Obesity has emerged as one of the major risk factors of severe morbidity and cause-specific mortality among severe acute respiratory syndrome coronavirus-2 (SARS-CoV-2) infected individuals. Patients with obesity also have overlapping cardiovascular diseases and diabetes, which make them increasingly vulnerable. This novel ecological study examines the impact of obesity and/or body mass index (BMI) on rates of population-adjusted cases and deaths due to coronavirus disease 2019 (COVID-19).

Material and methods:
Publicly available datasets were used to obtain relevant data on COVID-19, obesity and ecological variables. Group-wise comparisons and multivariate logistic regression analyses were performed. The receiver operating characteristic curve (ROC) was plotted to compute the area under the curve.

We found that male BMI is an independent predictor of cause-specific (COVID-19) mortality, and not of the caseload per million population. Countries with obesity rates of 20–30% had a significantly higher (approximately double) number of deaths per million population to both those in < 20% and > 30% slabs. We postulate that there may be a U-shaped paradoxical relationship between obesity and COVID-19 with the cause-specific mortality burden more pronounced in the countries with 20–30% obesity rates. These findings are novel along with the methodological approach of doing ecological analyses on country-wide data from publicly available sources.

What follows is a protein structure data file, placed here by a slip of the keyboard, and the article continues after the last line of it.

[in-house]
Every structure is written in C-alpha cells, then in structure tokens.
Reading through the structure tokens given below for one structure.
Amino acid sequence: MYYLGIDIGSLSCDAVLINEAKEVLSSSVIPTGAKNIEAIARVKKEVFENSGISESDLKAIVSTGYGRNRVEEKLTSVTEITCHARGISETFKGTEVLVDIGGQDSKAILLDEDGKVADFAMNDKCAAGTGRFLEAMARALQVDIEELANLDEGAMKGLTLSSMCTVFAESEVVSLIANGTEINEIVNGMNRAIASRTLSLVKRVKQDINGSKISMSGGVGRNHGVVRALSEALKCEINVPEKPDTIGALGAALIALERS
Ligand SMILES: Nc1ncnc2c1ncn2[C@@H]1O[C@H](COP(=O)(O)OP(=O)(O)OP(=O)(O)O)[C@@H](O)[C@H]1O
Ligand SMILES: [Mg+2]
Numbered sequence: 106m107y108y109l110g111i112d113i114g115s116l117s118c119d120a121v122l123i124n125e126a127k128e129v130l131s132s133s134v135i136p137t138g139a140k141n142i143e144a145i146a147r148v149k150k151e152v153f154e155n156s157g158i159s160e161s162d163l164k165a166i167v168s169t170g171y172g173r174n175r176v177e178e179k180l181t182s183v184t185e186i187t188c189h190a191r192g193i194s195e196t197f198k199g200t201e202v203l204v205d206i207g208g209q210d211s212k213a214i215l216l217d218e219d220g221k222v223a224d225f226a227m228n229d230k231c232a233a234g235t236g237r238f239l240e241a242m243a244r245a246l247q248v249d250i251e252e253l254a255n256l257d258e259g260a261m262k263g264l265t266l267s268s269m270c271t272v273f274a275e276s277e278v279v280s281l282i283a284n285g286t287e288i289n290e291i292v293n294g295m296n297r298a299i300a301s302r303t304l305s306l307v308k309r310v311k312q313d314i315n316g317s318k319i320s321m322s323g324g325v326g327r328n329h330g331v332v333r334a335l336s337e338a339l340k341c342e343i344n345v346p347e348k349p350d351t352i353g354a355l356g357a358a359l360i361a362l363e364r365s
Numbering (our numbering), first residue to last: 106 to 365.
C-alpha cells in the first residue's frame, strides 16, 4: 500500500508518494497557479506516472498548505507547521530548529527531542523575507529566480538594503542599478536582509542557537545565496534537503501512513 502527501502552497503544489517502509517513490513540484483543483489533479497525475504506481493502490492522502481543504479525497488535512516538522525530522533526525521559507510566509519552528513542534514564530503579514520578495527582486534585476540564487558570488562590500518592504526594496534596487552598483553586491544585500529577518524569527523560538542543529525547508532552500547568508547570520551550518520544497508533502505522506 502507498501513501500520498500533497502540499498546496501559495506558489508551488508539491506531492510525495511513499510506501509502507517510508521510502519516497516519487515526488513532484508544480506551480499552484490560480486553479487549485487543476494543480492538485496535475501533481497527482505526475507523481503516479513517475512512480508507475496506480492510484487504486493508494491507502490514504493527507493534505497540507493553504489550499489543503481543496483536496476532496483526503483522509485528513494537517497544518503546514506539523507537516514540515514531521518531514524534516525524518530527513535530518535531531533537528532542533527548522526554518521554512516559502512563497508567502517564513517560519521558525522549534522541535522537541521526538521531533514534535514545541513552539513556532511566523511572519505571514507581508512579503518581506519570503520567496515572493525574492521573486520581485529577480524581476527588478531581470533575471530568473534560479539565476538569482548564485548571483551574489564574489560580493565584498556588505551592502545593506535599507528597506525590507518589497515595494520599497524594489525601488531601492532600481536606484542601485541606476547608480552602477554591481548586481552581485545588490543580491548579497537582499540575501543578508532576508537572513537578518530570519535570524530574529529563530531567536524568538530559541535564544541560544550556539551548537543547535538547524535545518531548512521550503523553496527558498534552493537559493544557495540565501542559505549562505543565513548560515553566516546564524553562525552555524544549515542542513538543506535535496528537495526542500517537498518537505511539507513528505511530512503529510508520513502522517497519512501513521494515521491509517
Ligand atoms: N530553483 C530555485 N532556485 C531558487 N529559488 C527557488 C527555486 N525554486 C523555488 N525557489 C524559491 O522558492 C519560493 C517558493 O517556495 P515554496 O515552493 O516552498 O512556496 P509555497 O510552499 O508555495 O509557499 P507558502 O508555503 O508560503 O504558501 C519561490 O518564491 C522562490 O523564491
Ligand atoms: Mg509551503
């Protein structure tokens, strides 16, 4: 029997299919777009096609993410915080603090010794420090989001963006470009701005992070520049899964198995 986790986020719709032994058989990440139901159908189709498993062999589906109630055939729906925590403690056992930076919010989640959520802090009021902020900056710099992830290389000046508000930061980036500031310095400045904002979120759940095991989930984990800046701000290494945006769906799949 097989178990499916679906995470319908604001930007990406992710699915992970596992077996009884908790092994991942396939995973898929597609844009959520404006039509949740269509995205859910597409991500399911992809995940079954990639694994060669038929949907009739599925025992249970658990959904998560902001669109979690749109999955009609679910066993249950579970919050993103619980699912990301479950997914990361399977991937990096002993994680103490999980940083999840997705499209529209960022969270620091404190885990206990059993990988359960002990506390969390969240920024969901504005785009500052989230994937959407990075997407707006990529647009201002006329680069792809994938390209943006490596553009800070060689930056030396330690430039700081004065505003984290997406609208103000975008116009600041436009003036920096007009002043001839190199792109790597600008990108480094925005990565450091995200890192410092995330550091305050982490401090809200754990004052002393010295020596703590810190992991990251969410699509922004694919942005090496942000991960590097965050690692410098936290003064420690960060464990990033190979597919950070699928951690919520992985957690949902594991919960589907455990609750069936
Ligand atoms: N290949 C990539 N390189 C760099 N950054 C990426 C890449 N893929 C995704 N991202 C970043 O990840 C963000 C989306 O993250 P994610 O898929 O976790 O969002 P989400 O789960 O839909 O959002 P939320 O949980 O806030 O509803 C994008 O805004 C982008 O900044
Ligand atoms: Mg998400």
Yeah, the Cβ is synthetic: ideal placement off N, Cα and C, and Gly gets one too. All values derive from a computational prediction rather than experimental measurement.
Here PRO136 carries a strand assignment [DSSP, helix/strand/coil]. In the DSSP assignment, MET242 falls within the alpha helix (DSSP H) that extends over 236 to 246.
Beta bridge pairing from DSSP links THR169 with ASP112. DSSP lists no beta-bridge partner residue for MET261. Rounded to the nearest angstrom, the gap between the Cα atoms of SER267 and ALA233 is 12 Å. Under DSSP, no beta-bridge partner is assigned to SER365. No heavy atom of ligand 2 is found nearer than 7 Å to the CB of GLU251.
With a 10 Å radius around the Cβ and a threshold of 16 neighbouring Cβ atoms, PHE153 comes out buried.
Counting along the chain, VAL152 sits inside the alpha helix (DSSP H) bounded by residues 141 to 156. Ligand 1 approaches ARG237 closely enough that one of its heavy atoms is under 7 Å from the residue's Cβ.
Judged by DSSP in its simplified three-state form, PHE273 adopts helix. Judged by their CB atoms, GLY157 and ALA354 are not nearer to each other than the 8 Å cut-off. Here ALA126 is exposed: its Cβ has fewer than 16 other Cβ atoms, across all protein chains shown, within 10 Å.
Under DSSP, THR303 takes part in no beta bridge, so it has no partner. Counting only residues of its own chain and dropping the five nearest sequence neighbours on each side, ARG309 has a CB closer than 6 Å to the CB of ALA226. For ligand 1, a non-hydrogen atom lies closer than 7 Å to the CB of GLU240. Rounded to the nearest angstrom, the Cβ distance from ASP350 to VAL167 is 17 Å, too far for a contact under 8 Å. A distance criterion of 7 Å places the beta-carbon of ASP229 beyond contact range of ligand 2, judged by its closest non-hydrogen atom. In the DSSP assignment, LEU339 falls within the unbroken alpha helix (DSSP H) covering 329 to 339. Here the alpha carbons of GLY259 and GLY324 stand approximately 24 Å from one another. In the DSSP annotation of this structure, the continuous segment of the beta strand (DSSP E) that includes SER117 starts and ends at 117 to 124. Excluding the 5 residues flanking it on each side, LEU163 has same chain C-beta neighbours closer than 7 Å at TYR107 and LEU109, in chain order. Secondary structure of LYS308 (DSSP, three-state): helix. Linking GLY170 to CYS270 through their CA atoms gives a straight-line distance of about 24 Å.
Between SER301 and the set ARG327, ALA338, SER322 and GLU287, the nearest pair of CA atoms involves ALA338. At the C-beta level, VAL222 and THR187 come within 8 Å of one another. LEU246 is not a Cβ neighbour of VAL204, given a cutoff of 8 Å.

We anticipate, in light of our findings, that appropriate targeted public health approaches or campaigns could be developed to minimize the risk and cause-specific morbidity burden due to COVID-19 in countries with nationwide obesity rates of 20–30%.